What Does A Diagnosis Mean to You?

RNrecovery

Learning
Does anyone else feel resistant to having a PTSD diagnosis? I am fine with my bipolar diagnosis. I’m fact it makes me feel better to have a name for what I went through. And when I was young I didn’t mind PTSD being thrown about. Part of it is that people seem to throw the term around like it’s nothing these days. The other part is that I remember when I was younger and completely debilitated by my symptoms. I also feel a little like giving this a name admits that the people who hurt me still have power.

Anyone resonate with this?
 
I resonate big time with this, no real advice. The hardest part is at this point if you say you have PTSD there’s almost an automatic eye roll because “everyone” has it so it’s just a throwaway term and that feels so invalidating. Because it’s not like I got it from tripping on a sidewalk one time (saw a YouTuber say she has ptsd because she fell on the sidewalk in the rain) there were serious and legitimate things that happened. But I also don’t want to tell random strangers my reasons for having it (to defend myself/prove myself) because it’s not their business and it’s kinda attention seeking (which I also struggle with) so all that to say I feel ya and I don’t know what to do about it either.
 

RNrecovery

Learning
I resonate big time with this, no real advice. The hardest part is at this point if you say you have PTSD there’s almost an automatic eye roll because “everyone” has it so it’s just a throwaway term and that feels so invalidating. Because it’s not like I got it from tripping on a sidewalk one time (saw a YouTuber say she has ptsd because she fell on the sidewalk in the rain) there were serious and legitimate things that happened. But I also don’t want to tell random strangers my reasons for having it (to defend myself/prove myself) because it’s not their business and it’s kinda attention seeking (which I also struggle with) so all that to say I feel ya and I don’t know what to do about it either.
So much this. I don’t want to tell everyone my business but it’s also the “it” term so I just so don’t say anything. I have so appreciated coming here. I see people from all stages and parts of the ptsd spectrum. I’ve been on other groups briefly and they didn’t quite fit.
 

joeylittle

Administrator
I had delayed-onset PTSD - very delayed. So, the diagnosis really snuck up on me. I knew I was having all these symptoms, but they seemed sort of....I don't know, normal? At least sub-clinical. I was deeply depressed before I disclosed to my therapist, and deeply depressed after, so that's all I tracked. It was my psychiatrist who just one day talked about my "PTSD symptoms" - and I was so surprised, I said "I have PTSD? No I don't". And then, she took me through it and I saw that yeah, that was PTSD. And, eventually, those symptoms got wrangled back under more of my control, and so now sometimes I'm just confused as to what exactly is going wrong in my head - what is trauma-related, what is Dysthymia, and what is a major depressive episode.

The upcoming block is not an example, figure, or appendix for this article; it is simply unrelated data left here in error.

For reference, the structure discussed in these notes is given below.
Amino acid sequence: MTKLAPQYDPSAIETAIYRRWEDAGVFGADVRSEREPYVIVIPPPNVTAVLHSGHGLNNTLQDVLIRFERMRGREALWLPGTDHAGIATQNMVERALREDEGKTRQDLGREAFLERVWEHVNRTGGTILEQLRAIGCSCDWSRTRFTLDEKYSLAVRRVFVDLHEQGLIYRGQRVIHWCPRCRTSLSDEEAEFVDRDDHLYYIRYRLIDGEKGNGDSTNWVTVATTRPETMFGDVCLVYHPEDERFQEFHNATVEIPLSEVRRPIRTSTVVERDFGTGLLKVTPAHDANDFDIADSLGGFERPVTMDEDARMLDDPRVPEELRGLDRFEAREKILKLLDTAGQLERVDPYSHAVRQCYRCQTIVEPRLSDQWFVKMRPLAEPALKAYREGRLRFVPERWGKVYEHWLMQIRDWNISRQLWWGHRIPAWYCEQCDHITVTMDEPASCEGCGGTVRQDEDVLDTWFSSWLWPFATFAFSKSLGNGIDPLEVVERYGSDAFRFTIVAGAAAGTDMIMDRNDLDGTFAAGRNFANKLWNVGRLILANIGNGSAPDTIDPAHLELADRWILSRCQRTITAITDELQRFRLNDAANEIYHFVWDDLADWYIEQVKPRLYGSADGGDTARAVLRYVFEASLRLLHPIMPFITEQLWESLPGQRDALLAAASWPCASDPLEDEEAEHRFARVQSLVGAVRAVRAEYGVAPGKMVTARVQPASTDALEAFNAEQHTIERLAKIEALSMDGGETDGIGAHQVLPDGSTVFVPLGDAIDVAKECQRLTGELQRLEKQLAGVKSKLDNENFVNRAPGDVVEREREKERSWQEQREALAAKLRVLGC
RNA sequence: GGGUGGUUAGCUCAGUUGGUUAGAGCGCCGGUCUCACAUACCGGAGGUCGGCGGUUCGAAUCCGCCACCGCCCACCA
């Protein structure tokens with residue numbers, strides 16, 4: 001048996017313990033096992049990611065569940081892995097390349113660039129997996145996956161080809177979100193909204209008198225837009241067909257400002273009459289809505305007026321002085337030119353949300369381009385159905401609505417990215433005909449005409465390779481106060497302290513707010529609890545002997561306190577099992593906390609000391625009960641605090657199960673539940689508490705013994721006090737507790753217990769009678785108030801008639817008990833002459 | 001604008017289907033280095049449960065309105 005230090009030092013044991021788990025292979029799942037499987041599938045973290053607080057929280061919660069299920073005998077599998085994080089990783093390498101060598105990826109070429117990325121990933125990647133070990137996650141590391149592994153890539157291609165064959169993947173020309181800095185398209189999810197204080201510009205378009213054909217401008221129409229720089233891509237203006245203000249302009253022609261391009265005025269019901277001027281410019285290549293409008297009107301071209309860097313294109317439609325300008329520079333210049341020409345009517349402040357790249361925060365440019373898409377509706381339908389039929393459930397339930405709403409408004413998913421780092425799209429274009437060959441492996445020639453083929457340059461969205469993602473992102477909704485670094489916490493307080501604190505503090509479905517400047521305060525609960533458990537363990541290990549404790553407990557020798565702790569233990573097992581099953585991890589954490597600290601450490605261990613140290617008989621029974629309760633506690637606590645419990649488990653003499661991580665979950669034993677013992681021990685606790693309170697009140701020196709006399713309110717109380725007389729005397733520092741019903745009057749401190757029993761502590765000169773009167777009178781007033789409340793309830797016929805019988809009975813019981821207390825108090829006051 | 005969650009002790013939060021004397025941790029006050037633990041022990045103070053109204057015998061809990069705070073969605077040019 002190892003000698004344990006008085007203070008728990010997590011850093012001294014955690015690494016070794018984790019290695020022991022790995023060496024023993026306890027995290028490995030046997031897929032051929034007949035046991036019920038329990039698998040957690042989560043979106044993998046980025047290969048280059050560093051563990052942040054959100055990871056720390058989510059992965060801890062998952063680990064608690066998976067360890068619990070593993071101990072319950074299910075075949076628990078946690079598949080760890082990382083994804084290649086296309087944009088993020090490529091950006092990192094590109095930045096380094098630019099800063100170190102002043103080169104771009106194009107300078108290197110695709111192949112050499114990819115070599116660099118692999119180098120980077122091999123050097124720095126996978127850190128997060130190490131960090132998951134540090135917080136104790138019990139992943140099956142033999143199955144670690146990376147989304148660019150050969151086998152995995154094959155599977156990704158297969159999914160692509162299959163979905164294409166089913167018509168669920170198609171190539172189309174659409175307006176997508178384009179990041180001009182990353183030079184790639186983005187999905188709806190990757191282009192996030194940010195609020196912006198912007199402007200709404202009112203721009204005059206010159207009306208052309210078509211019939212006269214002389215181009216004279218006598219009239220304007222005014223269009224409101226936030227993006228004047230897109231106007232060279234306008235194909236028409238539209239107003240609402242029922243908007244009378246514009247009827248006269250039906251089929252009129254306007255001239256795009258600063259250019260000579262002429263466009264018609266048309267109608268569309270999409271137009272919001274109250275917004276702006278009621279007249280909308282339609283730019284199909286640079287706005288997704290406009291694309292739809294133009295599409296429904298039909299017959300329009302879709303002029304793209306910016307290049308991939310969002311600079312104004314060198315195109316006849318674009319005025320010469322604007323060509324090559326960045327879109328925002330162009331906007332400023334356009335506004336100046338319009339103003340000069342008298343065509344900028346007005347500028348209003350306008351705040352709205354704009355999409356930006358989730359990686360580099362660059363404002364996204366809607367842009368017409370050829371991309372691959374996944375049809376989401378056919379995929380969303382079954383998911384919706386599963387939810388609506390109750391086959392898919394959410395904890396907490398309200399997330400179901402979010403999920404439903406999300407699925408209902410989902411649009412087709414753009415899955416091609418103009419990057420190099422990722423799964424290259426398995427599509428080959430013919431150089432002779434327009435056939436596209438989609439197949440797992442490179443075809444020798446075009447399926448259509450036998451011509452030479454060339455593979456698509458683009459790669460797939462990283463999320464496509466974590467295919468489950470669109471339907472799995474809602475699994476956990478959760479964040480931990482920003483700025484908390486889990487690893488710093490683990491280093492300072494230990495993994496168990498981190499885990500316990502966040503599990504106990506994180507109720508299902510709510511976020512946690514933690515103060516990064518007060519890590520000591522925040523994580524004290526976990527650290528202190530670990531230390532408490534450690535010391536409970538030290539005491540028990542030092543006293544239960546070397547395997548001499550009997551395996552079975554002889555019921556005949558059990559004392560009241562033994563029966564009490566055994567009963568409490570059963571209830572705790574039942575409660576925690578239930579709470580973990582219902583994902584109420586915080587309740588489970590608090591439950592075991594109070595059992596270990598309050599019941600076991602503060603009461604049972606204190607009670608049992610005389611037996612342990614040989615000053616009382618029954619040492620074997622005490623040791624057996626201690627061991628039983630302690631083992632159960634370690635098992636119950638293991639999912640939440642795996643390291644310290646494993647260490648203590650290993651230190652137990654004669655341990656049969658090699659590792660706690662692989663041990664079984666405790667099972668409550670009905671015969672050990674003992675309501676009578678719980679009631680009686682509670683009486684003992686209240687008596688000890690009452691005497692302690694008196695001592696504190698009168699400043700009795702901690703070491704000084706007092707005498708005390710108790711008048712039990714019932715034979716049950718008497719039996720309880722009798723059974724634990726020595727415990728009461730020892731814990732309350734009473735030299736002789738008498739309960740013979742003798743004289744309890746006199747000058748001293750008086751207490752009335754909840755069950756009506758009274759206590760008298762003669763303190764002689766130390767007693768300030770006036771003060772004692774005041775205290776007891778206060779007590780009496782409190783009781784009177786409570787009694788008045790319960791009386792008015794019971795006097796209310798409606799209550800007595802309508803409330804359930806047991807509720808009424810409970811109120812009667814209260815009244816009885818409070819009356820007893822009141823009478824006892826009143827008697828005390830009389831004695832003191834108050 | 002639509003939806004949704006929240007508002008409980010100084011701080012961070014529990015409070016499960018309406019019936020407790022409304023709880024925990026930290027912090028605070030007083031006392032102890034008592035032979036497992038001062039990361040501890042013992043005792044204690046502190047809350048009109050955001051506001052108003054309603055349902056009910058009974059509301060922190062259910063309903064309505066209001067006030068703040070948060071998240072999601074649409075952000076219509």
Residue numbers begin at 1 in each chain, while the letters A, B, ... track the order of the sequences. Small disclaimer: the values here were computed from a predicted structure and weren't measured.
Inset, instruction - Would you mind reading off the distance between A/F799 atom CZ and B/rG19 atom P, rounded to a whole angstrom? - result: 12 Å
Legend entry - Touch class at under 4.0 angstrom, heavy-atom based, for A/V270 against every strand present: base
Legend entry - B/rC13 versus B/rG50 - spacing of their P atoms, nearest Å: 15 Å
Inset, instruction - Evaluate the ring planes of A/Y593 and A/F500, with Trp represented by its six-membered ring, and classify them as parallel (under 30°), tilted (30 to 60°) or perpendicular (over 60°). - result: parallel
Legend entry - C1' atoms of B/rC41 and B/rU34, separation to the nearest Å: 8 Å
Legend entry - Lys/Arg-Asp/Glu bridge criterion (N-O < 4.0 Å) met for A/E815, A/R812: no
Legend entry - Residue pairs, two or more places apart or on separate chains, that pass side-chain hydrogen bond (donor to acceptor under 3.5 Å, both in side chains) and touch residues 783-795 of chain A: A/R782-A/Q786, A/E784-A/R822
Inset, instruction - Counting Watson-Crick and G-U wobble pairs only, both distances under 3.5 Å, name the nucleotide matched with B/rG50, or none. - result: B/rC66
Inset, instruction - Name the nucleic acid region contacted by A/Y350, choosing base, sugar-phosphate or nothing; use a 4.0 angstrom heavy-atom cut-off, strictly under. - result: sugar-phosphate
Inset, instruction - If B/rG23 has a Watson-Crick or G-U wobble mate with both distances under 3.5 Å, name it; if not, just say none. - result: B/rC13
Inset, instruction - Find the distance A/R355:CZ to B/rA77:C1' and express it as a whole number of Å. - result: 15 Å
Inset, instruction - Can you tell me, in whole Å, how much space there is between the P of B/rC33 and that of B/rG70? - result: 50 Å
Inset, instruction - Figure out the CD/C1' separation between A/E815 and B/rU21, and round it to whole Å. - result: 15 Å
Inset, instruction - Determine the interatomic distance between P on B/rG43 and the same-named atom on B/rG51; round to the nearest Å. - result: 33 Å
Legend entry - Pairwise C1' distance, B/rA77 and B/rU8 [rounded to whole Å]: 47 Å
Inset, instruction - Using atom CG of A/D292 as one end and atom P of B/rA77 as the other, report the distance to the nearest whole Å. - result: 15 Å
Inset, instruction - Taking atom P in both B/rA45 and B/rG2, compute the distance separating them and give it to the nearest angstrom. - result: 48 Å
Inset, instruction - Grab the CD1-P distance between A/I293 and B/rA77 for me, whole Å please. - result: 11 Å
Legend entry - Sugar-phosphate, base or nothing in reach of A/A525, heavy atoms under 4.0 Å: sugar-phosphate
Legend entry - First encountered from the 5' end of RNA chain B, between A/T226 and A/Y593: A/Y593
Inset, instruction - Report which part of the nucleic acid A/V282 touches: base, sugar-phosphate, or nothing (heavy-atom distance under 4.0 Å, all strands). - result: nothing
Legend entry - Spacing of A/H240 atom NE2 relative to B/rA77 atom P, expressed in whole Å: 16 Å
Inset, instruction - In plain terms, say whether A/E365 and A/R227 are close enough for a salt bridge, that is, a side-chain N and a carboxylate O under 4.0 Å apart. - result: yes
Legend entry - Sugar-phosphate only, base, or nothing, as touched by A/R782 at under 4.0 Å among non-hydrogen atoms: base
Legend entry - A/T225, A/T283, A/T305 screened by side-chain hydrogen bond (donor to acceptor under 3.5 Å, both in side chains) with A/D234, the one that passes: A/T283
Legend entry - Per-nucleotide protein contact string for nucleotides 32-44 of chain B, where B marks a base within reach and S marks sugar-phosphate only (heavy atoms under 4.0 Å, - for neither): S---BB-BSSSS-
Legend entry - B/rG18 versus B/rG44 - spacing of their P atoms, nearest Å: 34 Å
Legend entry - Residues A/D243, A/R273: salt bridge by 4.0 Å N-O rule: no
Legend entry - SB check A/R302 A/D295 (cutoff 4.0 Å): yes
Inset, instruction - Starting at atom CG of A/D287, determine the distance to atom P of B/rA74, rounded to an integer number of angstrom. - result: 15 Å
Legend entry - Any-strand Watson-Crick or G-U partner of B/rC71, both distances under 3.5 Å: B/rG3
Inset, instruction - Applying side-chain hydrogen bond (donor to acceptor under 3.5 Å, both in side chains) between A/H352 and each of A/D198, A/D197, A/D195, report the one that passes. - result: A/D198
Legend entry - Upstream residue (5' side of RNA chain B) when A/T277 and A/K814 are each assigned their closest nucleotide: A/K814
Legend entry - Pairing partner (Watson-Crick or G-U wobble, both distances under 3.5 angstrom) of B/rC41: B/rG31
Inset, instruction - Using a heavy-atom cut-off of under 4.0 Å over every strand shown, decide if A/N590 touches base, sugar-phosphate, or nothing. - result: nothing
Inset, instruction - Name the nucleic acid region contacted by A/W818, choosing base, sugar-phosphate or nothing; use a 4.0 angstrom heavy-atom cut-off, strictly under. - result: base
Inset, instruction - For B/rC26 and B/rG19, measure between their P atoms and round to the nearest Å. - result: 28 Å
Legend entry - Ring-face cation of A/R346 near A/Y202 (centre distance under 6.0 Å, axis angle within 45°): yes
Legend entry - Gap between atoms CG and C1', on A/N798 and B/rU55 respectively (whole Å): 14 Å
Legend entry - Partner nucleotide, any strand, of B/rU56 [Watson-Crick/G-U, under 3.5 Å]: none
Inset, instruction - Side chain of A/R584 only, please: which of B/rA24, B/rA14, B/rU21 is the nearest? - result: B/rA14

But what you're saying resonates with me, @RNrecovery. I understand the depression diagnosis. I just don't always grasp the PTSD, or whether it's CPTSD....so I just take it by symptom set, and try and accept what's happening to me, whenever it's happening. I do think it would. be easier if the depression was managed, which for me, it's not. The times when it's been better managed (medication-wise, or other treatment forms-wise), I've been able to chip away at the trauma. But it's been a long stretch of worsening depression, with sometimes PTSD jumping onto the pile.

Still, as imperfect as all of it is - I appreciate the diagnostic criteria, and the diagnosis - while simultaneously knowing that there's just a f*ckton that is still unknown about neurological dysfunction/disorder.
 

ruborcoraxxx

MyPTSD Pro
I am happy with the diagnose because it does explain a lot of what I went, and I’m going, through.

Before it it’s not as if I did not know I hadn’t trauma and maladaptive patterns that formed around the specifics of my situation, but I wasn’t aware of the difference of crit A traumas and what we casually call trauma.

It gave me space to think of my behaviour through this lens, in more technical terms, and understand that a lot of the struggle I was having was actually hypervigilance and dissociation, and that there is a neurological foundation to it, it isn’t just me wanting attention. I didn’t recognize myself in these things before even knowing they existed because I knew many people in critical mental health conditions.